Texas Gov. Rick Perry speaks at the Lincoln Dinner, an annual fundraising event for the New York GOP, Tuesday, June 14, 2011 in New York. Perry stirred speculation Tuesday that he would seek the 2012 Republican presidential nomination, championing his state's economy before a packed GOP gathering in New York and telling a television interviewer he would engage in a "thought process" before deciding whether to join the field. (AP Photo/Bill Kostroun) (Bill Kostroun)

The Committee to Reelect Barack Obama?

The GOP field is so fractured and extremist it helps the president. For now, anyway

Joan Walsh
July 14, 2011 6:14AM (UTC)

The trends we saw in GOP presidential polls a few weeks ago continue. Mitt Romney remains the front-runner, but Michele Bachmann continues to gain support and hold second place nationally (and she's currently beating Romney in Iowa). The most interesting thing about this latest Quinnapiac poll is that undeclared right-wingers like Sarah Palin and Texas Gov. Rick Perry are running right behind Bachmann, while also-rans including Tim Pawlenty, Newt Gingrich, Jon Huntsman and Rick Santorum remain in low single digits (Ron Paul hangs on to his 5 percent). That Romney is creaming Huntsman right now even in his home state of Utah would seem to suggest that the man the Beltway loves is never going to catch fire with the GOP base.

All of this could mean one of two things: Romney's dead, because of all the energy on the Tea Party side, or Romney's alive, because of all the energy on the Tea Party side. In this latest poll, Romney's the candidate of 25 percent of likely GOP voters. Bachmann trails him with 14 percent; Palin has 12 and Rick Perry 10. Behind them, Herman Cain gets 6 percent and Ron Paul 5 percent. So that means 47 percent of GOP voters polled like the folks on the far right. If the Tea Partyers coalesce around one of those five, or someone else, Romney's toast.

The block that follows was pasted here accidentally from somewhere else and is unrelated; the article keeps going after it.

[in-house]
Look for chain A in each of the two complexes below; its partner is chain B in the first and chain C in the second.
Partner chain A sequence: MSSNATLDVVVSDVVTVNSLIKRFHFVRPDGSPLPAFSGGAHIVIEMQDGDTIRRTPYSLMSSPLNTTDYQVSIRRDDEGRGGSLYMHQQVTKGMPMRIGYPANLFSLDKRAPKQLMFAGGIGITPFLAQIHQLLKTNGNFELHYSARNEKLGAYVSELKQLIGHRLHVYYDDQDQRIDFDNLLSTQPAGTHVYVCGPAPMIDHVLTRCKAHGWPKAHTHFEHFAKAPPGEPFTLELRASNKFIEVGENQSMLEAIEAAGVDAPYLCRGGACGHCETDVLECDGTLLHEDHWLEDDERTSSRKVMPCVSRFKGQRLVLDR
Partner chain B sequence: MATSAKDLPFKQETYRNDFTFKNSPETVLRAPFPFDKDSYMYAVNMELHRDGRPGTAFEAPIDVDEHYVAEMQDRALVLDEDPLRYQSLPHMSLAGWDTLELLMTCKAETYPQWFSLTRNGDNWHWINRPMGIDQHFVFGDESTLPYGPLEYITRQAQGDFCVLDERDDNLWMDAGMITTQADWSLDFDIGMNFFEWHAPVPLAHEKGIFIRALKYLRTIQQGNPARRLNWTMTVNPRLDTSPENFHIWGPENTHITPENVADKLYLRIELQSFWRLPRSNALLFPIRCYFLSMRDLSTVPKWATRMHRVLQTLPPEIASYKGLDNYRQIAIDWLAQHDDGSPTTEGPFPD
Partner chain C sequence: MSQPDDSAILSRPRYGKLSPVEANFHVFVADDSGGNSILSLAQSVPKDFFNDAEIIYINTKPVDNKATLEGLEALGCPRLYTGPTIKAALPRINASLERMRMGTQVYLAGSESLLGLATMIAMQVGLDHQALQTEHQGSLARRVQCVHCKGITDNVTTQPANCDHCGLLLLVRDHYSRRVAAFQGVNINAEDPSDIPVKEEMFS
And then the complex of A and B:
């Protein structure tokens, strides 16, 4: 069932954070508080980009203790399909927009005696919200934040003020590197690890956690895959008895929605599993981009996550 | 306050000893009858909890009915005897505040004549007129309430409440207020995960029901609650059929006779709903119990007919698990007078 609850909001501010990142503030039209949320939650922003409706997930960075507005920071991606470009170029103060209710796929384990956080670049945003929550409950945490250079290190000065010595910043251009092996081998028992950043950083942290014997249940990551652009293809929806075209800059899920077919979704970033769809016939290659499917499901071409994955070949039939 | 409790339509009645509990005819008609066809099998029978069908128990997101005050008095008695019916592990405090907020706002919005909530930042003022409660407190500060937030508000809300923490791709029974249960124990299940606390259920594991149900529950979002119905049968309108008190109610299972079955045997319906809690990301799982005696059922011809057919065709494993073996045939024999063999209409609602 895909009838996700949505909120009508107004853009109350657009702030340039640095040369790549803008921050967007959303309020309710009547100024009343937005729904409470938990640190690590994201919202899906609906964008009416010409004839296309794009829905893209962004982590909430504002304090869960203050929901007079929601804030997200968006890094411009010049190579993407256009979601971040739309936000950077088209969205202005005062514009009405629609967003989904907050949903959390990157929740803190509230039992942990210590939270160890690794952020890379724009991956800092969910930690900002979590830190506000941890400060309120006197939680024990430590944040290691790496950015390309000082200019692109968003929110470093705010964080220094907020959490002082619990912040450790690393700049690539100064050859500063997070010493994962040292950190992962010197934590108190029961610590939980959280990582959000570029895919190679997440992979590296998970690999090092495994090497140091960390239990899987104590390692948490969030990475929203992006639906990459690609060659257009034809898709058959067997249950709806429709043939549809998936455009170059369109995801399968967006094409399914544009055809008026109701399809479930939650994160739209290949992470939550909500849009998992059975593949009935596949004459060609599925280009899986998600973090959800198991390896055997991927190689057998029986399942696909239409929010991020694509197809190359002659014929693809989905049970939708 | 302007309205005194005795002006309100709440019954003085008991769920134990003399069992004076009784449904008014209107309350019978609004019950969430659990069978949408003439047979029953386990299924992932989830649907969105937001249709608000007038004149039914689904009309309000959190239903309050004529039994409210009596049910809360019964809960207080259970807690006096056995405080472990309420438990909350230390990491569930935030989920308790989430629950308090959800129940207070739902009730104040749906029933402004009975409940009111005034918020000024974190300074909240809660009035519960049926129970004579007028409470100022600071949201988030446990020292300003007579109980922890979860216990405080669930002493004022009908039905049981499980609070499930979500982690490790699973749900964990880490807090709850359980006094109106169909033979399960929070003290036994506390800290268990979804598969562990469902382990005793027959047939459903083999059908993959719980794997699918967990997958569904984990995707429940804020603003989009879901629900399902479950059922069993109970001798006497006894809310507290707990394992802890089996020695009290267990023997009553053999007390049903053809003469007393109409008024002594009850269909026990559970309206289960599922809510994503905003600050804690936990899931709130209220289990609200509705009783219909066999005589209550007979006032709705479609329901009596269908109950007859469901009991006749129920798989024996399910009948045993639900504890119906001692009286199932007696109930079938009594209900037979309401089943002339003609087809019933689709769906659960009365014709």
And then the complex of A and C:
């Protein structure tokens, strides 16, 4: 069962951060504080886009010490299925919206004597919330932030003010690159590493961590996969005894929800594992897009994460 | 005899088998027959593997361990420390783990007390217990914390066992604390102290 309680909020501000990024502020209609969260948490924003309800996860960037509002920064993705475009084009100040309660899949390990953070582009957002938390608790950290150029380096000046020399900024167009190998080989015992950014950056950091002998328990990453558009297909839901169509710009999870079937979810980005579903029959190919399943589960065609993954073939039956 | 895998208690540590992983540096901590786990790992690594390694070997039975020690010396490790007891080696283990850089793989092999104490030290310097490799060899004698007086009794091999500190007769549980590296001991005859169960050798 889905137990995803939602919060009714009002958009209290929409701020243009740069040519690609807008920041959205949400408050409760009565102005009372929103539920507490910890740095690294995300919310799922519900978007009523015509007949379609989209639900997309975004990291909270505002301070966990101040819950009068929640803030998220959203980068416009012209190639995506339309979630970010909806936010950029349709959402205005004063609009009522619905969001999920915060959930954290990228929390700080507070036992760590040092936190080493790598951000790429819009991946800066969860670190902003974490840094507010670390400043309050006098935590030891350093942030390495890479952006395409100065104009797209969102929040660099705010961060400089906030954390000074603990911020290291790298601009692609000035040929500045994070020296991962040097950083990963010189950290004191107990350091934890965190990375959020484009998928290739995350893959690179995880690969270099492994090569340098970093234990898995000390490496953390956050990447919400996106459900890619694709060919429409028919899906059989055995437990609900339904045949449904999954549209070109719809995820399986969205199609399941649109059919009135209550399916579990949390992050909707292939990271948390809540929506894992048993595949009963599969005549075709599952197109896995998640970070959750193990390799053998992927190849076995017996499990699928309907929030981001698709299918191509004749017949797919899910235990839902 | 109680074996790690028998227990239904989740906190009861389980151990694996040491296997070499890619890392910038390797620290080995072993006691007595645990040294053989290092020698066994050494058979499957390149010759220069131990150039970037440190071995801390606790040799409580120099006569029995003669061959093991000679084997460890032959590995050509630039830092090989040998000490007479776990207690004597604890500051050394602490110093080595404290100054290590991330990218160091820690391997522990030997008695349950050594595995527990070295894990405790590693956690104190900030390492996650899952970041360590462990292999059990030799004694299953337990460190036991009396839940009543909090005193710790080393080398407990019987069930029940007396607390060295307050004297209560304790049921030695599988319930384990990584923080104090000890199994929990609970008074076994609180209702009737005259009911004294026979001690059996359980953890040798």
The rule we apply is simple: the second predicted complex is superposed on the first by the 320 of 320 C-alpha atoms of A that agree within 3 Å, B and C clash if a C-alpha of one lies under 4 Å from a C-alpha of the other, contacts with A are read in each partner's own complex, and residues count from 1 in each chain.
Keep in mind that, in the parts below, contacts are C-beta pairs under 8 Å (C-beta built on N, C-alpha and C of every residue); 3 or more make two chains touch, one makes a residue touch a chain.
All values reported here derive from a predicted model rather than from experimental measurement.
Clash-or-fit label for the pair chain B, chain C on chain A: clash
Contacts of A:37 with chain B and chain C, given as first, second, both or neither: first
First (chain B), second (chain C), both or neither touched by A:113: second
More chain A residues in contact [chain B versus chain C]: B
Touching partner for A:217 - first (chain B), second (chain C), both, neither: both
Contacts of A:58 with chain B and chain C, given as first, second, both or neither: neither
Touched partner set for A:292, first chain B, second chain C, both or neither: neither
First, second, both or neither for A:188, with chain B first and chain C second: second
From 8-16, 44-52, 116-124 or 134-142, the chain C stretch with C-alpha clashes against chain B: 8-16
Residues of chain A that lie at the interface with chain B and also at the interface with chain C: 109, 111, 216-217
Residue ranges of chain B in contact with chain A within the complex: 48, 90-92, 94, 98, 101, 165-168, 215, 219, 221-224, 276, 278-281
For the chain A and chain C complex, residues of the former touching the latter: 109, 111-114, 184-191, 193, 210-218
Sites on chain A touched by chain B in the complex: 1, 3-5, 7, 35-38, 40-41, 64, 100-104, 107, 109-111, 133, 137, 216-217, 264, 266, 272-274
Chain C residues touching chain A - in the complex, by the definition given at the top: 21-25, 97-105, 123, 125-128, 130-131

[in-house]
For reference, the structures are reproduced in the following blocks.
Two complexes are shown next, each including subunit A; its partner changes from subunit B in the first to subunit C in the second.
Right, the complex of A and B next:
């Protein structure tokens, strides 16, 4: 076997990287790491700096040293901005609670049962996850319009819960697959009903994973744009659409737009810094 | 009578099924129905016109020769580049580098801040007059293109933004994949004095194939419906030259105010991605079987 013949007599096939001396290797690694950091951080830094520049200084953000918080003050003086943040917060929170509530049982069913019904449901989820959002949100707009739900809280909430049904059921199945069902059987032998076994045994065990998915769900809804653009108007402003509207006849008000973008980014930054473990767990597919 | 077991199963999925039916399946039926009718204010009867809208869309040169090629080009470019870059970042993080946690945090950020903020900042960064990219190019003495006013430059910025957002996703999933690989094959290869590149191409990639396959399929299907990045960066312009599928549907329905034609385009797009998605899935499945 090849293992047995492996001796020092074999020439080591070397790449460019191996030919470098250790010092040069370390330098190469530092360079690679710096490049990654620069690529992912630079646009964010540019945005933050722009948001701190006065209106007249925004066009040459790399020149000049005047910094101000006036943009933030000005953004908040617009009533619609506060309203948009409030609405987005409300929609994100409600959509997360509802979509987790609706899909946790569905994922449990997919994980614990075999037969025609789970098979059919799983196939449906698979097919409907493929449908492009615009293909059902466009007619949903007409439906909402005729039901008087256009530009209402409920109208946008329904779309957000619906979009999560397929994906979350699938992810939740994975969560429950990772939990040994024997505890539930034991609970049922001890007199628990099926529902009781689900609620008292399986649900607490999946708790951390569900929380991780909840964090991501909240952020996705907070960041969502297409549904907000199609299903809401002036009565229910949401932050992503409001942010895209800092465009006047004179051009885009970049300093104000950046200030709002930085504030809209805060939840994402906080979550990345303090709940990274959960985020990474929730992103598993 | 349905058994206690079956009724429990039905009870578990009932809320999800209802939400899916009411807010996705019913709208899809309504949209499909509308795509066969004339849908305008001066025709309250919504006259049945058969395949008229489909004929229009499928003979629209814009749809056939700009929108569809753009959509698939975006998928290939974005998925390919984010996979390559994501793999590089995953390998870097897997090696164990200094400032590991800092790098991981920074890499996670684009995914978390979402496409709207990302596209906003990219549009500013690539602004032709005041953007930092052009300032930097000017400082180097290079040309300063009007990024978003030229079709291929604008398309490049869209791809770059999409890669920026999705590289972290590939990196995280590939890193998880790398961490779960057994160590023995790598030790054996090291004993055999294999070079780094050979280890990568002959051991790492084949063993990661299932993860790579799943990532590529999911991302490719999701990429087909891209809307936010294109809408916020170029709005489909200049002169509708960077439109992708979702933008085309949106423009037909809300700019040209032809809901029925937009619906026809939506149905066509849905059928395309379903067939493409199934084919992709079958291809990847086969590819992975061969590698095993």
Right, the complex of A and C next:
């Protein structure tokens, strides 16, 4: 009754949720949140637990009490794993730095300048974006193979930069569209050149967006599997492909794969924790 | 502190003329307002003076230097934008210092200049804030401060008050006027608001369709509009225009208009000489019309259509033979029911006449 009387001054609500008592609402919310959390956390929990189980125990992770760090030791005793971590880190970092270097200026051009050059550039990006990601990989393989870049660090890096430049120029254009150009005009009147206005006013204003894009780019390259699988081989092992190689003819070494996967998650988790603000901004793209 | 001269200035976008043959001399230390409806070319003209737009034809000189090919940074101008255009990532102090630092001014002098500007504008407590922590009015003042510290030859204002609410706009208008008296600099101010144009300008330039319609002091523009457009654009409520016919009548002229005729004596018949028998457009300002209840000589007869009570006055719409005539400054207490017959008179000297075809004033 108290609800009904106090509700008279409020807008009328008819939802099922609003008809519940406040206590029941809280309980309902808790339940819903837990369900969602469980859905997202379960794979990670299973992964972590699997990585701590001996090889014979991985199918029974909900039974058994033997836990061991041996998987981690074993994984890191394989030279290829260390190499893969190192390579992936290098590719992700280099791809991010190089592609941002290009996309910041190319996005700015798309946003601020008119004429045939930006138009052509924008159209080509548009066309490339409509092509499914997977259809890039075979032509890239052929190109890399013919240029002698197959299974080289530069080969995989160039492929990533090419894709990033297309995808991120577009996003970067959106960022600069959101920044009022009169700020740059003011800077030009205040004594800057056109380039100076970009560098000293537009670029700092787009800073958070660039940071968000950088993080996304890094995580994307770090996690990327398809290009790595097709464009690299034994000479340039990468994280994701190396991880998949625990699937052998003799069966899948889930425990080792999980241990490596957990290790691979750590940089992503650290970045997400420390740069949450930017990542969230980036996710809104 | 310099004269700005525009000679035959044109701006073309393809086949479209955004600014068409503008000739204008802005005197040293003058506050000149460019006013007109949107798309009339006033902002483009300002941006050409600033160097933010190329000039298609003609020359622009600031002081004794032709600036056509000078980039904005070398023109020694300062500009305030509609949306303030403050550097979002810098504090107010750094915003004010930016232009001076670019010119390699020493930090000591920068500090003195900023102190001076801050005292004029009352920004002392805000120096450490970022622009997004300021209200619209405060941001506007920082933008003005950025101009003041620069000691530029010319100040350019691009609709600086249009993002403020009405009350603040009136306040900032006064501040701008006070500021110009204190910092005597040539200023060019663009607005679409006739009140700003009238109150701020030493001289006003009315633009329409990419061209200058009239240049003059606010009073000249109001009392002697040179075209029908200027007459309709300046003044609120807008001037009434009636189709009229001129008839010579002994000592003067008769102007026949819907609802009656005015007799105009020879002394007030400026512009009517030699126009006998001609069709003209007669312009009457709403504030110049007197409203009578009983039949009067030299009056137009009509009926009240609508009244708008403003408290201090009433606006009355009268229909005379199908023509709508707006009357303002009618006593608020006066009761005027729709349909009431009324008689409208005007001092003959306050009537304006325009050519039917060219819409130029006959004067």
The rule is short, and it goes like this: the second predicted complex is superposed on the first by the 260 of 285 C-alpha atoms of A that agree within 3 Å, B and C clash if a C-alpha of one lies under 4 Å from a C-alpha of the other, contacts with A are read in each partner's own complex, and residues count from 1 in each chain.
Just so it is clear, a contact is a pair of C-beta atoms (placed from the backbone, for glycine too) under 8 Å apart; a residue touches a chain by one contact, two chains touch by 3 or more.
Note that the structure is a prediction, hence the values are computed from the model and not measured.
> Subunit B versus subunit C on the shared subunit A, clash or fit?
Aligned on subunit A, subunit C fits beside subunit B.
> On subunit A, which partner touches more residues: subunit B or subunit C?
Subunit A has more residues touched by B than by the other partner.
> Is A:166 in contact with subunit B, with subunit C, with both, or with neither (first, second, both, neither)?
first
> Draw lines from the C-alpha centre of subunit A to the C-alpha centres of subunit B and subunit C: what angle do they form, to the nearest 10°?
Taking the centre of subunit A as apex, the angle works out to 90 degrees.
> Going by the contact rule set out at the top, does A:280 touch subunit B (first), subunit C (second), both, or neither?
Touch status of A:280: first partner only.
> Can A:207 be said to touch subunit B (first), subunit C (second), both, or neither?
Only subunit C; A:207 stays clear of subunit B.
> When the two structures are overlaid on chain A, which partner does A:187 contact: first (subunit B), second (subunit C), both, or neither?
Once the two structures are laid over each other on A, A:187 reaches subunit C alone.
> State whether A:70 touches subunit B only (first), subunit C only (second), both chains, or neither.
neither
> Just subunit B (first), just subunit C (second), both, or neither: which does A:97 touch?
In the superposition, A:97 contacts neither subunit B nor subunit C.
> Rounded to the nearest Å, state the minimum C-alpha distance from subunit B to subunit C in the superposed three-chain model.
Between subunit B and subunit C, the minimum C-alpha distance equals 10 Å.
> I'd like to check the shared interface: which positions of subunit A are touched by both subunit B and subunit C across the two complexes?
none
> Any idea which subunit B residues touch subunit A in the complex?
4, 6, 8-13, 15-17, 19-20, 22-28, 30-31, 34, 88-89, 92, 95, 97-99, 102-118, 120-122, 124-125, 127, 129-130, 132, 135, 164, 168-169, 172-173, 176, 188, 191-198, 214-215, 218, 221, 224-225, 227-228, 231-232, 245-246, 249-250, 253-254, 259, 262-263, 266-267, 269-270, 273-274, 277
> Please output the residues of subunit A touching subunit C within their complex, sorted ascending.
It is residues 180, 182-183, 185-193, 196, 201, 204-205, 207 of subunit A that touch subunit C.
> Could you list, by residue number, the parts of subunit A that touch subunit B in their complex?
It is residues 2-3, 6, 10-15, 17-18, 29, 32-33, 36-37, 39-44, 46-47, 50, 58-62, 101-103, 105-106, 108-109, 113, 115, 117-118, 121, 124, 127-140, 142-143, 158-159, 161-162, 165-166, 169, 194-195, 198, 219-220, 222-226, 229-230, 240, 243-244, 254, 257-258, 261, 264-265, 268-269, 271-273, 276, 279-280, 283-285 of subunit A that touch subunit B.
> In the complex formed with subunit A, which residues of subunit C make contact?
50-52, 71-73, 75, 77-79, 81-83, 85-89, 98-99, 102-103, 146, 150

But it's also possible they won't coalesce. Bachmann has made a surprising surge, but I think these numbers are actually bad for Bachmann. It shows there's a fairly broad base for an extremist candidate, but at 14 percent, she's supported by roughly 30 percent of that base. If other Tea Party favorites look at those numbers and jump in, Bachmann's in trouble.

I still doubt Palin will run; she's having too much fun being an unaccountable wealthy celebrity. That bus tour thing was hard. But she's also a narcissist, and she might look at those numbers and say, "Why not?" Rick Perry is even more likely to say, "Why not?" In fact, the latest buzz is that Perry is making calls to GOP leaders and donors to test the waters, and getting encouragement. On "Hardball" with me Wednesday Politico's Jonathan Martin said he's hearing from GOP insiders that Perry's in, although Perry's people downplay the idea. Martin also floated the notion that Perry might not merely be the Tea Party candidate; he might be the electable guy the party needs, the hybrid of the Tea Party and the "establishment" GOP elders dream of.

Dream on. It's true Perry has a 10-year record as Texas governor (with time as lieutenant governor before that), which makes him a "serious" candidate. But that record is distinguished by his courting the far right with talk of secession, ostentatious prayer breakfasts, and coziness with Texas Confederate stalwarts. Justin Elliott revealed Perry's popularity with groups trying to preserve the memory of Texas's allegiance with the Confederacy. The neo-Confederate, still-secessionist League of the South endorsed Perry in his 1998 race for lieutenant governor, praising him as a member of the Sons of Confederate Veterans, a group that's regularly torn apart by infighting between those who want to honor their heritage and those who want to return to the days of white supremacy. We couldn't confirm Perry was ever a member of the group, but without openly embracing them he's regularly validated their quest for redemption. Perry has honored leaders of the Sons of Confederate Veterans at ceremonies in Austin, and he's resisted efforts to remove Confederate symbols from state buildings. "Although this is an emotional issue," he wrote, "I want you to know that I oppose efforts to remove Confederate monuments, plaques, and memorials from public property. I also believe that communities should decide whether statues or other memorials are appropriate for their community." Perry regularly enjoys adoring profiles in Confederate magazines.